As usual, the UN's International Atomic Energy Agency is minded to defer further discussion of Iran's nuclear program until September, by which point, at the speed things are going, Rafsanjani may have his nuke and the question may be moot. In hastening the end of this regime, those Iranian protesters in Tehran and other cities are doing the rest of the world a big favor.
That's why the term ''Middle East peace process'' is better applied to the region as a whole than to the so-called Palestinian road map. Dignifying the swamp of the West Bank with the name of the entire neighborhood buys into the Arabs' propaganda that the Palestinian situation is responsible for the wretched nature of the Middle East, rather than the other way round. Looked at the other way round, peace is processing apace, and the chips are all falling George W. Bush's way. Whatever the defects of post-Taliban Afghanistan, it's no longer the world's biggest training camp for Saudi-funded terrorism. Whatever the defects of post-Saddam Iraq, it's no longer a self-promotion exercise for the ne plus ultra of anti-American Arab strongmen. And, whatever the defects of post-ayatollah Iran, the fall of the prototype Islamic Republic will be a huge setback to the world's jihadi.
It was Ayatollah Khomeini who successfully grafted a mid-20th century European-style fascist movement onto Islam and made the religion an explicitly political vehicle for anti-Westernism. It was the ayatollah who first bestowed on the United States the title of ''Great Satan.'' And it was the ayatollah who insisted that this Islamic revolution had to be taken directly to the infidels--to the embassy hostages, to Salman Rushdie and, ultimately, to America itself. Twenty years ago, there was a minor British pop hit called ''Ayatollah, Don't Khomeini Closer.'' He came too close. And the end of a regime built on his psychosis is good news for Iranians and Westerners alike.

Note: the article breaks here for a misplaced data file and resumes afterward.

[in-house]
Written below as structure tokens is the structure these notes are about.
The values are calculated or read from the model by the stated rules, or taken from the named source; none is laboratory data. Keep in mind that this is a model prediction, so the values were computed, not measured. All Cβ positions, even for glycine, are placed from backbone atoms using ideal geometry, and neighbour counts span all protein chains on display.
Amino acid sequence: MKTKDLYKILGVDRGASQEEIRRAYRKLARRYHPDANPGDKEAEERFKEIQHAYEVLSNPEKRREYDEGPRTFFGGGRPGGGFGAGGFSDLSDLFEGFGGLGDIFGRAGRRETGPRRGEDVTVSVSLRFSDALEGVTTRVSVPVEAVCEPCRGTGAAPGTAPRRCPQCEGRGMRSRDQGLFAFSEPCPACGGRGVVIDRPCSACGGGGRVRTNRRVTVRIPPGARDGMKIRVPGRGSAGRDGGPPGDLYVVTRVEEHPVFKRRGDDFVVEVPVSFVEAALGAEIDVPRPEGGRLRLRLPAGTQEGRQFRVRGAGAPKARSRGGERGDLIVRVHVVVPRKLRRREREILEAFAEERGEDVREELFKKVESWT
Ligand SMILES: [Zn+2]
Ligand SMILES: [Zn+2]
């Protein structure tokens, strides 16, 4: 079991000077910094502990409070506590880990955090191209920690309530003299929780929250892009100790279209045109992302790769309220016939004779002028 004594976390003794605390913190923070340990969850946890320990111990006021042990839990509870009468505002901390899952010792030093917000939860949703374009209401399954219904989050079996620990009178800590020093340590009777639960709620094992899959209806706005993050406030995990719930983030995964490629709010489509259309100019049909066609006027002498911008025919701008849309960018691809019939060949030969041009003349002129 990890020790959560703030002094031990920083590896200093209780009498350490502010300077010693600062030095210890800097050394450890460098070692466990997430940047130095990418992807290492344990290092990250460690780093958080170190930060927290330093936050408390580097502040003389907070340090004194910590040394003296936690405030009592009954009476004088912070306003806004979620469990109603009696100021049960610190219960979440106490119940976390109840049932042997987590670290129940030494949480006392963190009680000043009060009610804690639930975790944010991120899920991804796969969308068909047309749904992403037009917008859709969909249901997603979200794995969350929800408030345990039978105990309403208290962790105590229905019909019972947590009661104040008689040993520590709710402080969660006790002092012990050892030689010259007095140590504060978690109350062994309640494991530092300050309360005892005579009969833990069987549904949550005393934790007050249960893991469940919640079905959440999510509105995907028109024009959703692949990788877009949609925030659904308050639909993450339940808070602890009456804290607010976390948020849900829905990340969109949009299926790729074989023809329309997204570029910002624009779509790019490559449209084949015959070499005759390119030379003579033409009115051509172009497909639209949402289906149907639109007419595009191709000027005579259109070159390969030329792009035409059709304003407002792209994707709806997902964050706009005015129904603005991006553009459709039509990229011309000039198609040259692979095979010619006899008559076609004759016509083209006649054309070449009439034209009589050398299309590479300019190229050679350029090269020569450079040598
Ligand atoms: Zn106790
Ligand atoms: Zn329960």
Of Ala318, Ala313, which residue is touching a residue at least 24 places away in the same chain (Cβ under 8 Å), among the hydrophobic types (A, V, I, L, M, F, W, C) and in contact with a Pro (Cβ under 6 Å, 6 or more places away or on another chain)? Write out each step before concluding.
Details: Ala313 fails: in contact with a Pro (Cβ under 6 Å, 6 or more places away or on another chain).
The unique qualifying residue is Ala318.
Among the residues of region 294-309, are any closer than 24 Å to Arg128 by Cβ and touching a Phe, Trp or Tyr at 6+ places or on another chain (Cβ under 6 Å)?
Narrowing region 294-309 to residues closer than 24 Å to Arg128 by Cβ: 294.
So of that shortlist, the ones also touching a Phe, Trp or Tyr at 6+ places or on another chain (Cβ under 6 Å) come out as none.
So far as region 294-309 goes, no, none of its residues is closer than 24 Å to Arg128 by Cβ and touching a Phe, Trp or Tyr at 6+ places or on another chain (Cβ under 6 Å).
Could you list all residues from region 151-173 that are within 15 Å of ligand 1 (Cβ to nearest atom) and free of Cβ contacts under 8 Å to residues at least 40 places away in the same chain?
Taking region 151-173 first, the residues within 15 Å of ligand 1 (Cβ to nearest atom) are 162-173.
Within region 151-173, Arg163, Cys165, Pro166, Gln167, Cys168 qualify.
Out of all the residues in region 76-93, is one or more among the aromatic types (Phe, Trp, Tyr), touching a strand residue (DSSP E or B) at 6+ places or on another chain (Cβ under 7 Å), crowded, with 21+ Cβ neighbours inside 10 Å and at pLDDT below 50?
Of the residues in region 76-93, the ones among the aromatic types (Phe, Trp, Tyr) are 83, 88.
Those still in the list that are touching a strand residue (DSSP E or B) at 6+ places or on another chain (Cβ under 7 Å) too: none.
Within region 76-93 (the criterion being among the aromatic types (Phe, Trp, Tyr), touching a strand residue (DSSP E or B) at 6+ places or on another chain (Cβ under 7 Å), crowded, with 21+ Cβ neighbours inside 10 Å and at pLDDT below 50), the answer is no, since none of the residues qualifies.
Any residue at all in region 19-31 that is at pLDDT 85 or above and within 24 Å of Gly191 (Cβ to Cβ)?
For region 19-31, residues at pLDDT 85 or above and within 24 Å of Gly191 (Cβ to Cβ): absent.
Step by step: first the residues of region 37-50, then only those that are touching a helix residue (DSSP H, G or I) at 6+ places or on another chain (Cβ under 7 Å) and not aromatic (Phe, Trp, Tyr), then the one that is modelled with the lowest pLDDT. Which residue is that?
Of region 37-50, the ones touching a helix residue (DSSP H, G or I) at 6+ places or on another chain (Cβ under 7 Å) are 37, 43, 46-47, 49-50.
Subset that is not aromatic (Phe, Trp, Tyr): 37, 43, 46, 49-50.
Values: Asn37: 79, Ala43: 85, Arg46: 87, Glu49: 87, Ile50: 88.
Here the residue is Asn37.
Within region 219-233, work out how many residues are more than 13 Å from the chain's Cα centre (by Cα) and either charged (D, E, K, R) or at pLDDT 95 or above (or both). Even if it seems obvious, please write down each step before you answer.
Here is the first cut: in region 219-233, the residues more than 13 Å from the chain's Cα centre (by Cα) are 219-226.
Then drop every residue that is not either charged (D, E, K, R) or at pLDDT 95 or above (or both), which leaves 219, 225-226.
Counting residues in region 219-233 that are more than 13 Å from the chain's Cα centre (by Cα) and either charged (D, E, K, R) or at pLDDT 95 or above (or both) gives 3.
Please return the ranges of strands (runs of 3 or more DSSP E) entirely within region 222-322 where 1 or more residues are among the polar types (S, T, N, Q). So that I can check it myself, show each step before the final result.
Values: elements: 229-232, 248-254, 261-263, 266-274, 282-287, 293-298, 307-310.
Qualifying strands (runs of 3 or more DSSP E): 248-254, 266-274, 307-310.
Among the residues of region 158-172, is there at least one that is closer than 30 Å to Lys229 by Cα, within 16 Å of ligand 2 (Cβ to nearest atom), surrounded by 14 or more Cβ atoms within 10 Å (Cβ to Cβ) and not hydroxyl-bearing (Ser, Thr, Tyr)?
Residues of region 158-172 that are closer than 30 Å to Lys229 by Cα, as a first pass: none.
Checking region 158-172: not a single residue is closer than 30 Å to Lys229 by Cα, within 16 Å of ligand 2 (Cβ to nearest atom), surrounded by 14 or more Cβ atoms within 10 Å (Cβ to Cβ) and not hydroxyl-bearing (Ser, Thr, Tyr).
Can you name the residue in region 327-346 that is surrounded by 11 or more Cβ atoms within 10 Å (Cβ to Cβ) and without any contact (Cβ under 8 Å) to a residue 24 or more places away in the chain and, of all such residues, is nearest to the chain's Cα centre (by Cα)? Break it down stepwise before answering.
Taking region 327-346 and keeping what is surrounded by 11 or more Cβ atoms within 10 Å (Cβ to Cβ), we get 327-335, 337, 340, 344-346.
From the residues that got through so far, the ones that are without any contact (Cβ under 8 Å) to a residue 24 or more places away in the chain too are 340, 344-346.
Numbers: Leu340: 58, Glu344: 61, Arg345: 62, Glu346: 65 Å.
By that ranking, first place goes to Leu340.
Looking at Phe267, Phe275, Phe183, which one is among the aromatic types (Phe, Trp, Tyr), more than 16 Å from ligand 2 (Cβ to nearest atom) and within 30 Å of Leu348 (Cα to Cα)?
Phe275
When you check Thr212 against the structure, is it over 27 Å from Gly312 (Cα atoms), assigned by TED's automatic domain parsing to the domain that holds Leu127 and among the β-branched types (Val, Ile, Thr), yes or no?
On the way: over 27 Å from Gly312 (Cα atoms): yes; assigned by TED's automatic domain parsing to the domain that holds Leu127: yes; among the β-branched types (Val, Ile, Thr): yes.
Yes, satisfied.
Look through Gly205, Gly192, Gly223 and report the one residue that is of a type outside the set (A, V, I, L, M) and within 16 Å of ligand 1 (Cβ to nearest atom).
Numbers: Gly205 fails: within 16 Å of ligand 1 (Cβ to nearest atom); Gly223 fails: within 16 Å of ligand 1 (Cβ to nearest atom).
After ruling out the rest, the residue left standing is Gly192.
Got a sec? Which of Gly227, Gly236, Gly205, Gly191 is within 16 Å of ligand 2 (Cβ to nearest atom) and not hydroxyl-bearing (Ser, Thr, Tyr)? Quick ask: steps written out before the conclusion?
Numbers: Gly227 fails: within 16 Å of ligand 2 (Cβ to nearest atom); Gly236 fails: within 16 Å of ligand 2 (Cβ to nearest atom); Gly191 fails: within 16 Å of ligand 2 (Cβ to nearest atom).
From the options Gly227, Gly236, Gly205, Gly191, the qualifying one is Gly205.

Why isn't the left (specifically the fourth estate flavor) taking on the insensitivity of the mullahs and the brutality of their Arab stormtroopers? Forget Jayson Blair and Howell Raines- those are just two PC jerk-offs caught with their hands in the cookie jar, publicly paraded to show how journalism has "cleaned their own house." Sure. The rest of the lot are still plying their hypocritical trade, and still championing "freedom" buffet-style.
As usual, Steyn stands out in stark contrast.
Tick, tick, tick,.......the end times are coming, the mullahs are packing. Saudi plane reservations are filling all seats, some may get bumped. Just my humble opinion.
So many bitter responses came to mind when I read this but the magnificent Steyn's opening sentence will suffice: IT'S MULLAH TIME!
Does anyone remember the loud wailing from the left over the insensitivity of the Shah as well as the brutality of SAVAK? I can recall it quite clearly.
The NY Slimes and most of American left wing mediots cheered the downfall of the Shah and his replacement, these murdering Mullah thugs.
Their cheering then and silence now makes one wonder how much Opecker Money paid for that silence then.
Last but not least, their loyalty to Communism and hatred of America, was another reason to cheer then and to spike the news now.
Ann Coulter's new book, Treason, will probably show and touch on the act of treason then by the mediots and why they are silent now on the needed regime change.
Every time I see Boucher at State Department briefing, I see him spouting Willie's lies. How can Bush (or anyone) trust him. If Bush has screwed up anywhere, it is allowing Boucher to stay where he is. I think he could serve the country better on third shift in Botswana.
At first read of the "Bulger" version I wondered if Steyn was talking about South Boston Mass!! You know, a ruling system where one brother runs the organized crime syndicate and the other brother runs the government through an iron fist.
Their silence is nothing more than an affirmation of their HATRED of REAL freedom.
Steyn really nailed it there, brilliantly.
I see that the WSJ has taken notice of Mark. Makes sense - I've finally figured out whose writing his reminds me of - Paul Gigot, during the 90s. Great stuff, indeed.
Unfortunately, with the resounding silence coming from the US, it looks like it's not going to be any thanks to us if the mullahs fall.
Perhaps we're busy behind the scenes, but the State Dept's wishy-washy utterances sure don't give me much hope for that.